The ruling Liberal Democratic Party is planning legislation to designate retrieval of the remains of Japanese who died in the war as “a state responsibility” and accelerate the work toward the 75th anniversary in 2020 of Japan’s World War II surrender, party lawmakers said Wednesday.
Under the legislation the party is set to propose, Prime Minister Shinzo Abe’s LDP aims to increase the number of specialized staff at Japanese diplomatic missions abroad to beef up information-gathering and allocate more funds for the project.
It comes as the lack of close coordination among relevant ministries and insufficient funding have been blamed for hampering efforts to retrieve remains, even as the aging of informants about burial sites has made it more difficult to gather relevant information.
The legislation would call for appointing a state minister in charge of the recovery work, and encourage further involvement by the Foreign and Defense ministries in the project to collect remains in hard-fought battlefields, such as in the Philippines and Iwojima.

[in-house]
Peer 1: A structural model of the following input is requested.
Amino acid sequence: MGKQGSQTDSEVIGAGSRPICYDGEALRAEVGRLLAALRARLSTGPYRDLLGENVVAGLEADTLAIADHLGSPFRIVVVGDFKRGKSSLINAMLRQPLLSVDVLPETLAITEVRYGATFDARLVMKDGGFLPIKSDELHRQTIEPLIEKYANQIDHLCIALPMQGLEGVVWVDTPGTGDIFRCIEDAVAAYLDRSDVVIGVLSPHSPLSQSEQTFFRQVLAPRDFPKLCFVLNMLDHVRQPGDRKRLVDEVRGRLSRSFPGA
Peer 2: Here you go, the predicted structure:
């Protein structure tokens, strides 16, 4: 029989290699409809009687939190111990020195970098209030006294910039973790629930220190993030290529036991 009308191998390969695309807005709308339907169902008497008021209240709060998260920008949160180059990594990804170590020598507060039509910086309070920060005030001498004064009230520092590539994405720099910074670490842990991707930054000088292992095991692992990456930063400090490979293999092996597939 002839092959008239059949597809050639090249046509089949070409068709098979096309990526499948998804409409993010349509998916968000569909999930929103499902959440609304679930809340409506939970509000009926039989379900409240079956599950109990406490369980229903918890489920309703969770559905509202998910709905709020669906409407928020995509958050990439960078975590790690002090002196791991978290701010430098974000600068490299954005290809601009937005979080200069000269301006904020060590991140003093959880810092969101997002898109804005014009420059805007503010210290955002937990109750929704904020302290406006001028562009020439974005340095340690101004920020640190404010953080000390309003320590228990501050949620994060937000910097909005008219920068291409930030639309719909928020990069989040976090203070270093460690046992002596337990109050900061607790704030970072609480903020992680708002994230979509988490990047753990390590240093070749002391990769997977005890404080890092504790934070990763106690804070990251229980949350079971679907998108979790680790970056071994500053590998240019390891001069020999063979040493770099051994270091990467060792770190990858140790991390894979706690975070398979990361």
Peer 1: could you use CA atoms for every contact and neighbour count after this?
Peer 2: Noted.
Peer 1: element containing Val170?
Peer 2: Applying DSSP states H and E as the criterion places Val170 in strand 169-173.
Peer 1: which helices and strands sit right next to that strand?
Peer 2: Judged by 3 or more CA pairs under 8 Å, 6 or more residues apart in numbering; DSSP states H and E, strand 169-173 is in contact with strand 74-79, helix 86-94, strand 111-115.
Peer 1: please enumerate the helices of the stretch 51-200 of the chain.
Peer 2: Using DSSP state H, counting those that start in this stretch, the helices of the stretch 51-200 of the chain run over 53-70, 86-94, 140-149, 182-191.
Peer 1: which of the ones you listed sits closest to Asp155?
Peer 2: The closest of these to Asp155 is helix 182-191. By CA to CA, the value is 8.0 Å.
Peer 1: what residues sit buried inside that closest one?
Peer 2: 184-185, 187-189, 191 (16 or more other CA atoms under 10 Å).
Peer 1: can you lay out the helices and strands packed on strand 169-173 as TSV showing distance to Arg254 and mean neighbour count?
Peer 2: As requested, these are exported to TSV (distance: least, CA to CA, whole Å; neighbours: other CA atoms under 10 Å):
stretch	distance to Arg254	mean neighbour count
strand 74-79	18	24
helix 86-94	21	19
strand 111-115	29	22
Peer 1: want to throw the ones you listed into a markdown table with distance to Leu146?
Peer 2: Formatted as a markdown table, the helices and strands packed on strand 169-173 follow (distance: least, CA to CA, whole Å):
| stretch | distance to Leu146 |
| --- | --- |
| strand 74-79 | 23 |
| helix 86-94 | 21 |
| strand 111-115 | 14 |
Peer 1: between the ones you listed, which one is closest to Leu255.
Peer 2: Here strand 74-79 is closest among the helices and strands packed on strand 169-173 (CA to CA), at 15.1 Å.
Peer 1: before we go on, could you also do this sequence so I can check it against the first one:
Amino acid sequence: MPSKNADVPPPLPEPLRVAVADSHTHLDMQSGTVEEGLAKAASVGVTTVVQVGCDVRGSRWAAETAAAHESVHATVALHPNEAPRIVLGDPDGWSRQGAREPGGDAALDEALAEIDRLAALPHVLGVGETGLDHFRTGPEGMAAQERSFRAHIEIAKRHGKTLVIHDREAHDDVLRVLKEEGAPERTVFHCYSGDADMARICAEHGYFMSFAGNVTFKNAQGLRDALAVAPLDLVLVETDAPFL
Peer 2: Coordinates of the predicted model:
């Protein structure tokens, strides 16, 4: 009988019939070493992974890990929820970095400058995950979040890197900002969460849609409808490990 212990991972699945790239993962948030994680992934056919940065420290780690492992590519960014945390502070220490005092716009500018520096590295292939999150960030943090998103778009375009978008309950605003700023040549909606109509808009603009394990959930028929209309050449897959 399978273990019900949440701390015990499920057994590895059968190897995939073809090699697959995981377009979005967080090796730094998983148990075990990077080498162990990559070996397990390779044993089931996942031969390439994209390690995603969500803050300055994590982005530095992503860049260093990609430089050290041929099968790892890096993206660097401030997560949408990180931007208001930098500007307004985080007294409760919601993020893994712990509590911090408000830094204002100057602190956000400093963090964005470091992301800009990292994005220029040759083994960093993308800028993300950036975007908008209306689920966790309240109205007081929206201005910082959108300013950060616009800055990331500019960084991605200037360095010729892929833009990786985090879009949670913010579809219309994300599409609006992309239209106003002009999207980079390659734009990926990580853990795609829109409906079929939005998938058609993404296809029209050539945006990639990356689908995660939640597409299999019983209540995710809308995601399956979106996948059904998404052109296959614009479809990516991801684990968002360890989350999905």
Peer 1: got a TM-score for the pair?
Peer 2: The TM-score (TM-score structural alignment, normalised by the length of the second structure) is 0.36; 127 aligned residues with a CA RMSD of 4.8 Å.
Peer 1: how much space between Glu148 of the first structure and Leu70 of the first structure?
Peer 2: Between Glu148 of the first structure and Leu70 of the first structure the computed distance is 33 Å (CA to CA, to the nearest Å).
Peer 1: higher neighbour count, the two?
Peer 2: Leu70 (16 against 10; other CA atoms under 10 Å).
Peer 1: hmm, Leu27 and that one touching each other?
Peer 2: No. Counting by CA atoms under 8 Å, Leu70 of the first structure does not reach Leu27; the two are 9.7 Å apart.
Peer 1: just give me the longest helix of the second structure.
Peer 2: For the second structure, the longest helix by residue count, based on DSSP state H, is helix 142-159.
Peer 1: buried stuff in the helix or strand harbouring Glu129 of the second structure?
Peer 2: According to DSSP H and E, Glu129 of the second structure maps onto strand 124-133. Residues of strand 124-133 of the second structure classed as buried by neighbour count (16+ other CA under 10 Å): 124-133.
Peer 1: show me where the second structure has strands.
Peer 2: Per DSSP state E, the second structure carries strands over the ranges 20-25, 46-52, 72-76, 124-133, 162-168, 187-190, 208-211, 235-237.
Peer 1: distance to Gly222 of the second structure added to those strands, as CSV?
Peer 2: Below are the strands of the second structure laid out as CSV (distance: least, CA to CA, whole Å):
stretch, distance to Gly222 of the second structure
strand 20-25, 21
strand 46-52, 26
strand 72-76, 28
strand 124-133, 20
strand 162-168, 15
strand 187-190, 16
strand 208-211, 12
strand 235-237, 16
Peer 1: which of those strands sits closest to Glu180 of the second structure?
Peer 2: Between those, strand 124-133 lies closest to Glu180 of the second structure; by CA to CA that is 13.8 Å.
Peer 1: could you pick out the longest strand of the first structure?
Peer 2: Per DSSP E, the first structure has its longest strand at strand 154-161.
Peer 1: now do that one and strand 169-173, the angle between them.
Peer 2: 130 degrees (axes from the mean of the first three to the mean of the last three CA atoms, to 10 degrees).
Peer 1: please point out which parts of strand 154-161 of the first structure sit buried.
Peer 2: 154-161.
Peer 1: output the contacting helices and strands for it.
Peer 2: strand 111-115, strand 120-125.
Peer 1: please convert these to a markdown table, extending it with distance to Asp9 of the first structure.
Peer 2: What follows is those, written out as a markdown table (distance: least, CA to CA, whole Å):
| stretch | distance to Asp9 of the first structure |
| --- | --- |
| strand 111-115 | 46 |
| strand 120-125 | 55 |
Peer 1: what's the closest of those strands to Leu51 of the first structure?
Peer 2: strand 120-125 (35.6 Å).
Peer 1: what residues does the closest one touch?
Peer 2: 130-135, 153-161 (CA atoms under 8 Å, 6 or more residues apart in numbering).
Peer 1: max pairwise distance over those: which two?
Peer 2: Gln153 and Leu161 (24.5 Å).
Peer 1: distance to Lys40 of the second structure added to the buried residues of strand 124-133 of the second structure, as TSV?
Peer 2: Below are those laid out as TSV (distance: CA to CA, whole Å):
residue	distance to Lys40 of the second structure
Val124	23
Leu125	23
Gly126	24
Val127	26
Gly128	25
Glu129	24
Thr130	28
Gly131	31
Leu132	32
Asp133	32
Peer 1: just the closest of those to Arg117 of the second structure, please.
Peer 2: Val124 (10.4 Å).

The LDP is expected to submit the legislation to the regular Diet session planned from Jan. 24, and seek support from other political parties, according to the lawmakers who sit on the ruling party’s panel on the retrievals.
About 2.4 million Japanese soldiers and civilians died in Japan and abroad during the war. The remains of around 1.13 million were still unearthed at the end of last March. An estimated 600,000 can be recovered, according to data by the Health, Labor and Welfare Ministry.
The ministry has been mainly taking charge of the recovery activities based on Cabinet approval in 1952, but critics have argued that the lack of firm legal grounds for the project has hampered retrieval efforts.
The ministry data show the remains of up to 2,000 war dead were collected each year in fiscal 2011 and 2012.
The LDP initially planned to submit similar legislation in the extraordinary Diet session that ended in December, but postponed it to hammer out details.
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